Introduce the potty to the household before you decide to begin training. There’s nothing more intimidating than an alien object suddenly taking up space in your house and you alone are expected to navigate it. Make the transition as gentle as possible for your child.
Many children get anxious about the idea of going potty in such an exposed way. After all, they’re used to what they know, nappies! Before you begin training, let them know what going on a potty is going to feel like, why they have to learn this skill and how it’s going to make things easier for them.
This is a good lesson for both mum and child. Should your little one get frustrated when they fail to use the potty correctly (or wet the bed) let them know that it’s ok and as long as they have patience and determination they’ll get the hang of it eventually.
One of the core reasons kids dislike going potty is the idea of wiping themselves after. Which we totally get! Instead of laying down the law and telling them they have to, try using some positive incentives. For instance, tell them they’ll get a small treat or surprise for going to the potty, then they’ll get an added treat for wiping themselves.
Praise the pee
It might seem like a small feat for you, but potty training is a big accomplishment to your little one. Don’t forget to let them know how well they’re doing when they succeed in making it to the toilet and be consistent with this praise throughout the potty training process.
Everyone does it
Because our bathroom habits are obviously private it can be hard for children to know that this new process is completely normal. Let your toddler know that mammy and daddy go to the toilet too by making conversation about it around the house. This way your child will feel less pressure about the whole situation. Sometimes seeing a friend or sibling go to the potty in front of them can also be the biggest encouragement.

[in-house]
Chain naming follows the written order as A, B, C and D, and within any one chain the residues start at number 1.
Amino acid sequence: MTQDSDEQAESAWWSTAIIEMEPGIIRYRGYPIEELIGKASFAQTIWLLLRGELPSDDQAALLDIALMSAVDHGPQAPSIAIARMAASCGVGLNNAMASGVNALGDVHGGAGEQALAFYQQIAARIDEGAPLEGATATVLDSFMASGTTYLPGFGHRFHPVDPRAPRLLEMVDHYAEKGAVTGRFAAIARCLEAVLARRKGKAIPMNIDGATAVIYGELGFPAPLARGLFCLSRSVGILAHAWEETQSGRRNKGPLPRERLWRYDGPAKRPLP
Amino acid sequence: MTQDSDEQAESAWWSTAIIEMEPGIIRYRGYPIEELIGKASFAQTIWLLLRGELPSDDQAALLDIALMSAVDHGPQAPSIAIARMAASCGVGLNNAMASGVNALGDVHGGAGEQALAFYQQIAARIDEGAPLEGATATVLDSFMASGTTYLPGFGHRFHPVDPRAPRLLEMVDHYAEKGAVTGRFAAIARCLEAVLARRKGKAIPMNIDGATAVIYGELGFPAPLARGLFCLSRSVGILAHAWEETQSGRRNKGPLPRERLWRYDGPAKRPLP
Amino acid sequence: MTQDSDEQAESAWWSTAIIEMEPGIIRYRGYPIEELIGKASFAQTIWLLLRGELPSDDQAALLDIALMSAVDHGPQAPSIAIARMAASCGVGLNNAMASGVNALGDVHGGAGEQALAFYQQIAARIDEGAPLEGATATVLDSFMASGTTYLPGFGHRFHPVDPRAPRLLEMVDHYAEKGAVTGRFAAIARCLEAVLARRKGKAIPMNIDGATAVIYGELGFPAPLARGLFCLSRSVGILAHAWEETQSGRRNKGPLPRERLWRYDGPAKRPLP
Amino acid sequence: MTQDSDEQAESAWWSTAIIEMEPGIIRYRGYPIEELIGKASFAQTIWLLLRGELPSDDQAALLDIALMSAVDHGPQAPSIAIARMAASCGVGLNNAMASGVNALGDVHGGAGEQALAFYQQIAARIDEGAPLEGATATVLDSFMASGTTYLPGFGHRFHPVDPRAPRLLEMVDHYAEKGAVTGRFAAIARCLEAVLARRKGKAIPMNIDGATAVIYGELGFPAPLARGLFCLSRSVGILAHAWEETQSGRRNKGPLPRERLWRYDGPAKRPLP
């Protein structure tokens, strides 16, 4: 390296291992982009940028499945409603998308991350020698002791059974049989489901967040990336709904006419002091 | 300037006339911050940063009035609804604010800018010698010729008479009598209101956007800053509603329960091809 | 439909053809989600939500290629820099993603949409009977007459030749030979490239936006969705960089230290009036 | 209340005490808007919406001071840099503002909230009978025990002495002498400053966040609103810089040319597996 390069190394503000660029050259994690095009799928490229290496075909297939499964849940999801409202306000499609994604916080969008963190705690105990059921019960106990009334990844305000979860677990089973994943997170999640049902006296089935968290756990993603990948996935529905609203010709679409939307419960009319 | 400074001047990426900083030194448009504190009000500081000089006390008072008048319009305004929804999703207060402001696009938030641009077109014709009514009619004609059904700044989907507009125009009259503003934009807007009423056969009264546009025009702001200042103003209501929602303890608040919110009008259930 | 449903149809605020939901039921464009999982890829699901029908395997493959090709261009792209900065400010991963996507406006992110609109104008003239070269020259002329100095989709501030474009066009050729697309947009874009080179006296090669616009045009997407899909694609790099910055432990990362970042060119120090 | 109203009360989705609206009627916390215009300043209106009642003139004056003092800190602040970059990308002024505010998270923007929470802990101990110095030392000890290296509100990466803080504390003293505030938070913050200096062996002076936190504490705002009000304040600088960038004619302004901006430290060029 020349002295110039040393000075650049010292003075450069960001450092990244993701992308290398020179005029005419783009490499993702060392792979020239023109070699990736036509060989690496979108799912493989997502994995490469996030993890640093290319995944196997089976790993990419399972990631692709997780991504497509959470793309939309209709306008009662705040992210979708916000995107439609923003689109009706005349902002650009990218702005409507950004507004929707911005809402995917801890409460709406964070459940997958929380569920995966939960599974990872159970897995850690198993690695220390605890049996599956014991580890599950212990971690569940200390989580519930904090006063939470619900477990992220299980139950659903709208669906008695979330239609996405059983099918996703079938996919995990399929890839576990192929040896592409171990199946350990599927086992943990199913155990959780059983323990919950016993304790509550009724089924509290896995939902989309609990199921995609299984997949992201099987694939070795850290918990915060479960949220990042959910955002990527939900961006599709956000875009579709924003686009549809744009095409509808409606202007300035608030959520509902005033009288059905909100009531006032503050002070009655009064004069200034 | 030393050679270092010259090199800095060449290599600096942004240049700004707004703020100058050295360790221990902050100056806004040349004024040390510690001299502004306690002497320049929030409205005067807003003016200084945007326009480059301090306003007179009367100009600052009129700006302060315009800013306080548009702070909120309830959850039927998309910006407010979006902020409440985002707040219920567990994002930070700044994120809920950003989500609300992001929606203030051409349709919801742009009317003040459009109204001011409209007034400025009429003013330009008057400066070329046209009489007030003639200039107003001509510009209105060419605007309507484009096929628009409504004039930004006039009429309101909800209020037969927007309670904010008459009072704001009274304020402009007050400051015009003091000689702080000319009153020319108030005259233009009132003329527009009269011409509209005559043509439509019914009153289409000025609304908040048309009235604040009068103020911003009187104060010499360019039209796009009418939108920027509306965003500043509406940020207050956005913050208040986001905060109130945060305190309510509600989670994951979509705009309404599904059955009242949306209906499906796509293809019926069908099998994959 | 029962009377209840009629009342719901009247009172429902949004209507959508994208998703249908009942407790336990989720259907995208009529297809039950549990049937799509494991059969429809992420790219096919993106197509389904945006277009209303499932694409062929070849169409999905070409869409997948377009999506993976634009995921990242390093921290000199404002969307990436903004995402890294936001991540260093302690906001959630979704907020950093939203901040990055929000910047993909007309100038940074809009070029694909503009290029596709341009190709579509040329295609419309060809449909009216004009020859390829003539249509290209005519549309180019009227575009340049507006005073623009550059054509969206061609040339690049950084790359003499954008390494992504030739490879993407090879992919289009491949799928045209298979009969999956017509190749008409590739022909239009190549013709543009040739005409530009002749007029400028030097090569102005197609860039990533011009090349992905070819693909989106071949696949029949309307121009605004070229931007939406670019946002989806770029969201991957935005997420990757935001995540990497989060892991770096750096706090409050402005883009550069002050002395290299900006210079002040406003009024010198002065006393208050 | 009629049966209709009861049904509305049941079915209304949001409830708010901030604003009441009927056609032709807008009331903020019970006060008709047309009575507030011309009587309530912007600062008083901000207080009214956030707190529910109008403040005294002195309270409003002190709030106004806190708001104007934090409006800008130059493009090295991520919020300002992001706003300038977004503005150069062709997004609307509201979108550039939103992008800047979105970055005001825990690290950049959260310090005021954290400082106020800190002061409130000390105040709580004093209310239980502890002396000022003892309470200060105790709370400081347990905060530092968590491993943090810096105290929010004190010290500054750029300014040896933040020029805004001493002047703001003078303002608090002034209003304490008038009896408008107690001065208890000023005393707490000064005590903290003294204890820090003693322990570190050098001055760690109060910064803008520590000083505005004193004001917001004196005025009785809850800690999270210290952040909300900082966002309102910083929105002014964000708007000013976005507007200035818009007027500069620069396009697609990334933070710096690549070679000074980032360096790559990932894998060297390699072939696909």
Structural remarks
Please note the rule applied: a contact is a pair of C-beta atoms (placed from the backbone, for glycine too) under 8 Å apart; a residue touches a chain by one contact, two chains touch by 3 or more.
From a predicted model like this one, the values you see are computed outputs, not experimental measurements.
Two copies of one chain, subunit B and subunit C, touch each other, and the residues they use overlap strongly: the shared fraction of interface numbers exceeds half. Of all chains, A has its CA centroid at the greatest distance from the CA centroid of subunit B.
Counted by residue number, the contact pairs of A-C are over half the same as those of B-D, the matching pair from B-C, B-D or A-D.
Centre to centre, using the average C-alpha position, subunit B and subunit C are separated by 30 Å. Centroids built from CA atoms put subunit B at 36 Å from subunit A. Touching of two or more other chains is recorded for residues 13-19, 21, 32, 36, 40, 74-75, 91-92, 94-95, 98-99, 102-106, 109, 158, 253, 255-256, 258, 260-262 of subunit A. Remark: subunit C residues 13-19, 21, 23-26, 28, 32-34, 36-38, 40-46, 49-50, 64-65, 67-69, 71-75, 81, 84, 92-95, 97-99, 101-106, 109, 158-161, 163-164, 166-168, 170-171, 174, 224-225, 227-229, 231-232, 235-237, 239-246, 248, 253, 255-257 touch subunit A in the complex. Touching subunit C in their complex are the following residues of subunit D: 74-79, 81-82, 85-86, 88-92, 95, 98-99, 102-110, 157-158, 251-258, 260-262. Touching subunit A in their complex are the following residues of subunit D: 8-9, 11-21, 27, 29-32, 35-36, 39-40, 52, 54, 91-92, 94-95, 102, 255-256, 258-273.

Dress for Success
When it comes to potty training you need to avoid as many barriers as possible. This can mean the clothing you dress your child in during the training period. All clothes should be loose or easy to remove. Avoid anything with buttons or zips that could prevent them getting on the potty in time.
Free the Fear
If your little one is expressing a worrisome level of anxiety about the potty, make sure to address the problem sooner than later. While you can’t imagine why the potty would intimidate them, young minds work in curious ways and you’d be surprised by the wild and terrifying things children think are happening when they go to the potty.
Buy some big boy pants
Accidents are to be expected during the training process so some parents are reluctant to invest in ‘grown up’ underwear for their child. But feeling that they’ve reached an important milestone in their young life can be huge confidence boost and their new underwear can be a symbol of this maturity. It’s well worth the investment.
Make the bathroom, and potty time, a fun place for your child. Routinely take your child to the bathroom even if they insist that they don’t want to go and read or sing to them while they’re sitting on the toilet. Eye spy is an excellent game to keep them entertained and engaged with the room. The more positive associations your little one has with the bathroom the easier potty training will be.